Private equity groups bought a lot of restaurants in 2012. According to the latest Chain Restaurant Merger & Acquisition Census from the Chicago-based investment banker J.H. Chapman, acquisitions in the restaurant industry leveled off last year, but at a robust clip, led by equity firms.
The growing size of some of country’s largest restaurant franchisees, and the interest in those companies by private equity groups, has some people wondering whether we’ll see some franchisees go public soon. Maybe, but if they do such companies tend to perform poorly on Wall Street.
Buffalo Wild Wings took its first step toward becoming a multi-concept operator today, when it announced that it has made a minority investment in PizzaRev, a Los Angeles-based fast casual pizza chain whose reputation makes it seem much larger than its three units.
It’s amazing how fast you can run when one of your feet isn’t stuck in a bucket. That’s been the experience of Fiesta Restaurant Group, the Texas-based operator of a pair of Mexican fast casual restaurants that has flourished on Wall Street since being spun off by Carrols Restaurant Group.
Restaurants can be a canary in a coalmine. Consider that casual dining sales began turning in 2007 and 2008, before anybody had ever uttered the word “recession.” If that’s the case, then we should probably worry about a recent run of negative numbers coming from the industry.
We’re years into a supposed economic recovery and, though things are looking up, spending remains frustratingly restrained. Consumers continue to focus on value and convenience above everything else. This might be the perfect environment for pizza chains, which have been performing extremely well.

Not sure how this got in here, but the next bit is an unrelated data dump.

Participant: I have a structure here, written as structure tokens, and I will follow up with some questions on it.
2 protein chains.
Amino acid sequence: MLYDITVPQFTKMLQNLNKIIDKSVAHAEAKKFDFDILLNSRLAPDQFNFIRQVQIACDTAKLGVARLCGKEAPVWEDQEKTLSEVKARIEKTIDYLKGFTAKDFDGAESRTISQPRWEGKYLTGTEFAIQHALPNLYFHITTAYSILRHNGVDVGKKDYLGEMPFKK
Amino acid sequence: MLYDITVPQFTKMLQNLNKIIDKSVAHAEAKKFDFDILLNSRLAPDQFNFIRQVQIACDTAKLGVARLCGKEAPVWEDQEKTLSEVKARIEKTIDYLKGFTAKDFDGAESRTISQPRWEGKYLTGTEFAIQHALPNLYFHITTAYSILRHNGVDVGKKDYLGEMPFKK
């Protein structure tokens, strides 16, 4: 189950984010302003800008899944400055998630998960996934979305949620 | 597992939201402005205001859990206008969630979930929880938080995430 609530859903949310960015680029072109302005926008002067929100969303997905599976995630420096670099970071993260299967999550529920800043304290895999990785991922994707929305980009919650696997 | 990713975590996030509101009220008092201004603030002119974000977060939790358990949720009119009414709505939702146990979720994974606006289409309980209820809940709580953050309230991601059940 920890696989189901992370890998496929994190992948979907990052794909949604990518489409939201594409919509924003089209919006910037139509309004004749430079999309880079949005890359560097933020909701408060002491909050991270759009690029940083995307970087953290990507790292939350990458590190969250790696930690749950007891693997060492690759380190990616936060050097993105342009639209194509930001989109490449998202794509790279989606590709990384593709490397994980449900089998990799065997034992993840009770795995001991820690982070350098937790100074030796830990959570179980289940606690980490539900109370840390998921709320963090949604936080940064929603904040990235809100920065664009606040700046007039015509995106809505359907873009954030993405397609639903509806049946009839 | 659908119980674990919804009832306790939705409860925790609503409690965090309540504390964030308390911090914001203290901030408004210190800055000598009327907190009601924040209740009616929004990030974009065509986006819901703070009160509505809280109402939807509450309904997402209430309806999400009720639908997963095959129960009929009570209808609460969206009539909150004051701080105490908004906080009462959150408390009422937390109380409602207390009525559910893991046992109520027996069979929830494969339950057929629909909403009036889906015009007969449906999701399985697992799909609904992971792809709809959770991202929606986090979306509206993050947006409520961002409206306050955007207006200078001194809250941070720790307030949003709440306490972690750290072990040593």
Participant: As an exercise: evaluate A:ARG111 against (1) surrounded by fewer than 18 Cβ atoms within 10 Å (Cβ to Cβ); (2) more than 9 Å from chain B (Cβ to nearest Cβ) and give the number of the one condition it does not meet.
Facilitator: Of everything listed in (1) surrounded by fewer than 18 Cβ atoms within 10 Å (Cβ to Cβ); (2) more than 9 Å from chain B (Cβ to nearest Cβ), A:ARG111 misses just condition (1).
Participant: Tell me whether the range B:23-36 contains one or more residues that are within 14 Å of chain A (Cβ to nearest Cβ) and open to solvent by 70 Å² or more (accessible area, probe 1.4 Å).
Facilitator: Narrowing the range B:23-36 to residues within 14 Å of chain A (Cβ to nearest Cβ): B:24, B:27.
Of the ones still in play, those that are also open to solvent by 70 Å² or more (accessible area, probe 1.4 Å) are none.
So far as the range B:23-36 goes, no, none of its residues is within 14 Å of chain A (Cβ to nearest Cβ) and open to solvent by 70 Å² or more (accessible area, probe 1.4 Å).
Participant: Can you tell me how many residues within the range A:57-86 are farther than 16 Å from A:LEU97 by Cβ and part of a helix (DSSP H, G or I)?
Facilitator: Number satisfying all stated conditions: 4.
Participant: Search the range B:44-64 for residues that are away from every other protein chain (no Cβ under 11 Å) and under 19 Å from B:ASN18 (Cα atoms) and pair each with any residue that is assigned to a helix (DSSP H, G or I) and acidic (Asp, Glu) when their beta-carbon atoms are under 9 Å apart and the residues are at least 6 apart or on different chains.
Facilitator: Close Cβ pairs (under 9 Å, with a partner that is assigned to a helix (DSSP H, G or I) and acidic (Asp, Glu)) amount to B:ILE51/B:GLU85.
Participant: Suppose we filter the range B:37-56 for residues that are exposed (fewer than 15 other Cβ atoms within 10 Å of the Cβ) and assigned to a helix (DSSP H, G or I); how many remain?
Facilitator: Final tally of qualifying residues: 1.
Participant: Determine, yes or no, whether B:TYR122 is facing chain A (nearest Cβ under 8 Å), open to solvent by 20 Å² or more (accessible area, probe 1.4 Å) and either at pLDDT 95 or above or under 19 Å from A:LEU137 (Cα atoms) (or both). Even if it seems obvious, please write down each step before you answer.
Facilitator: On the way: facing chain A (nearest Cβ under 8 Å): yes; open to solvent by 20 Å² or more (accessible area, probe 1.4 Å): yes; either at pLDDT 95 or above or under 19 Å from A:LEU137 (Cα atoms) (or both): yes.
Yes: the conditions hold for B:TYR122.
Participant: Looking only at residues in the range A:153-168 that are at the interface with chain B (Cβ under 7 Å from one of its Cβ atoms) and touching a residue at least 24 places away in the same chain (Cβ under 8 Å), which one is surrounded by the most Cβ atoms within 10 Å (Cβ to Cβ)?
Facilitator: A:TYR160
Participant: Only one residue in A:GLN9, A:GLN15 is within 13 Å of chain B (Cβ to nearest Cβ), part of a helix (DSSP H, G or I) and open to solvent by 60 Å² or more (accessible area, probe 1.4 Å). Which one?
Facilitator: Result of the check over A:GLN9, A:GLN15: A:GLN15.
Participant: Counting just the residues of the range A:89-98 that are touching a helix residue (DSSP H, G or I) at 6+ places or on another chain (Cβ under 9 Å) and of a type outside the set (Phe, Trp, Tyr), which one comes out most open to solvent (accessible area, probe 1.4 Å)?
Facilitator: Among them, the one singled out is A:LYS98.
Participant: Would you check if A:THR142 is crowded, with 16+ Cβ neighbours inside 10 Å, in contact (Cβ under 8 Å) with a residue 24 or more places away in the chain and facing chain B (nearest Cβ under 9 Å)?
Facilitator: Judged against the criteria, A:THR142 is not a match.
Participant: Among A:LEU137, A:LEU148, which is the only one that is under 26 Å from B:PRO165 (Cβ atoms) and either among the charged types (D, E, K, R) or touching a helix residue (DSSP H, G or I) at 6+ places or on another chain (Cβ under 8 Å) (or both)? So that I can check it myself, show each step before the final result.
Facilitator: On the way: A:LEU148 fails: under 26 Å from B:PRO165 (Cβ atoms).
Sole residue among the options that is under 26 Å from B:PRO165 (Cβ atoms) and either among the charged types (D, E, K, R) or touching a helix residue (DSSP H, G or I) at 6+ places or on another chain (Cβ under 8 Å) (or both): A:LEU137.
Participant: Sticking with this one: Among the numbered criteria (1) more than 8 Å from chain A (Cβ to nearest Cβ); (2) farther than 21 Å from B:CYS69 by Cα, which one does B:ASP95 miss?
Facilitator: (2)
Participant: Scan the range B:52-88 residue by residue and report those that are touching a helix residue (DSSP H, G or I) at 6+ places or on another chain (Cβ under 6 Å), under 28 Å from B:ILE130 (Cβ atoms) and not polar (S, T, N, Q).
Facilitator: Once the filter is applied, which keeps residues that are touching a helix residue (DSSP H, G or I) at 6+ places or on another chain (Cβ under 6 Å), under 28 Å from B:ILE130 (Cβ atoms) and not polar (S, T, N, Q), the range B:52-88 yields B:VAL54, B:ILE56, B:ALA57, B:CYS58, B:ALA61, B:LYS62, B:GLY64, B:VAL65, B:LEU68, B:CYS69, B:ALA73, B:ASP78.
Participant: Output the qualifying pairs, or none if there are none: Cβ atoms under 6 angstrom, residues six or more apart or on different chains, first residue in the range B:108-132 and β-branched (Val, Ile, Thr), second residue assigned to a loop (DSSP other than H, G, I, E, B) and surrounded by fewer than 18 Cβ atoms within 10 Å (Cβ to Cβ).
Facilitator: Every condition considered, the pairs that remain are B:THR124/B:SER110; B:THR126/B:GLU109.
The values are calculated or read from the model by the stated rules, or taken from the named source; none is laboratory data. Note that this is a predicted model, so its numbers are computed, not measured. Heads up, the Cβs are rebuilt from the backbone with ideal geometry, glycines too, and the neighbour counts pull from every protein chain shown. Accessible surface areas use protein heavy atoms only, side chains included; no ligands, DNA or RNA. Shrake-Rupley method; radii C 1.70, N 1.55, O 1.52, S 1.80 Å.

John Chidsey is back in the restaurant business. Sort of. The former chairman and CEO of Burger King is making a comeback of sorts with a restaurant-focused technology company known as Red Book Connect—a cloud-based suite of back-of-the-house software services.
Concerns abound in the restaurant industry at the moment: the payroll tax, a looming health insurance mandate, commodity costs and a desire by politicians and the public to boost the minimum wage to $9 an hour. But lenders targeting the restaurant industry don’t appear overly concerned by any of these issues.
As they’ve come out with their fourth quarter financials, a number of casual dining restaurant chains, including BJ’s Restaurant Group and DineEquity, have uttered dismal warnings about the current year. Now we’ve got our first evidence of how bad it might be for them, thanks to Knapp Track.
The first person we saw upon pulling in the parking lot at the newly opened Popeyes in suburban Minneapolis was a much needed traffic cop. Inside, there was barely enough room to fit all the customers. This once sleepy chicken chain has indeed become a hot ticket, but now it has to sustain that success.
Having been rejected, and on Valentine’s Day no less, Tilman Fertitta is no longer playing Mr. Nice Guy. Fertitta’s company, Landry’s Restaurants, sent a letter this week to Ark Restaurants’ board, questioning its motives in rejecting Fertitta’s $22-per-share offer for the company last month.
No commodity is as fascinating to track as the chicken wing, simply because few commodities have gone through such wild swings in prices—low prices one year, high prices the next. Now, it appears, chicken wings are heading back downward again just weeks after surpassing the ungodly $2.10 mark.
Stocks have hit records over the past two days, despite looming federal budget cuts, because of a series of encouraging economic reports. Many restaurant stocks have followed suit: several of them, in fact, from AFC Enterprises to Wendy’s, are trading at or near 52-week highs. Do these stocks deserve it?
Bob Evans didn’t get a whole lot for its Mimi’s Café brand last month largely because the chain didn’t make much of a profit. And low profits typically yield low multiples. So it has to be tempting for its new owner to start slashing costs, right? Perhaps, but Le Duff America insists that won’t be the case.
If you can’t beat them, put them on your board so you won’t have to bother. That’s what Minneapolis-based Famous Dave’s is doing with its activist, Patrick Walsh. The barbecue chain said today that it has agreed to place Walsh among its slate of director nominees, so long as he doesn’t buy up too much stock.
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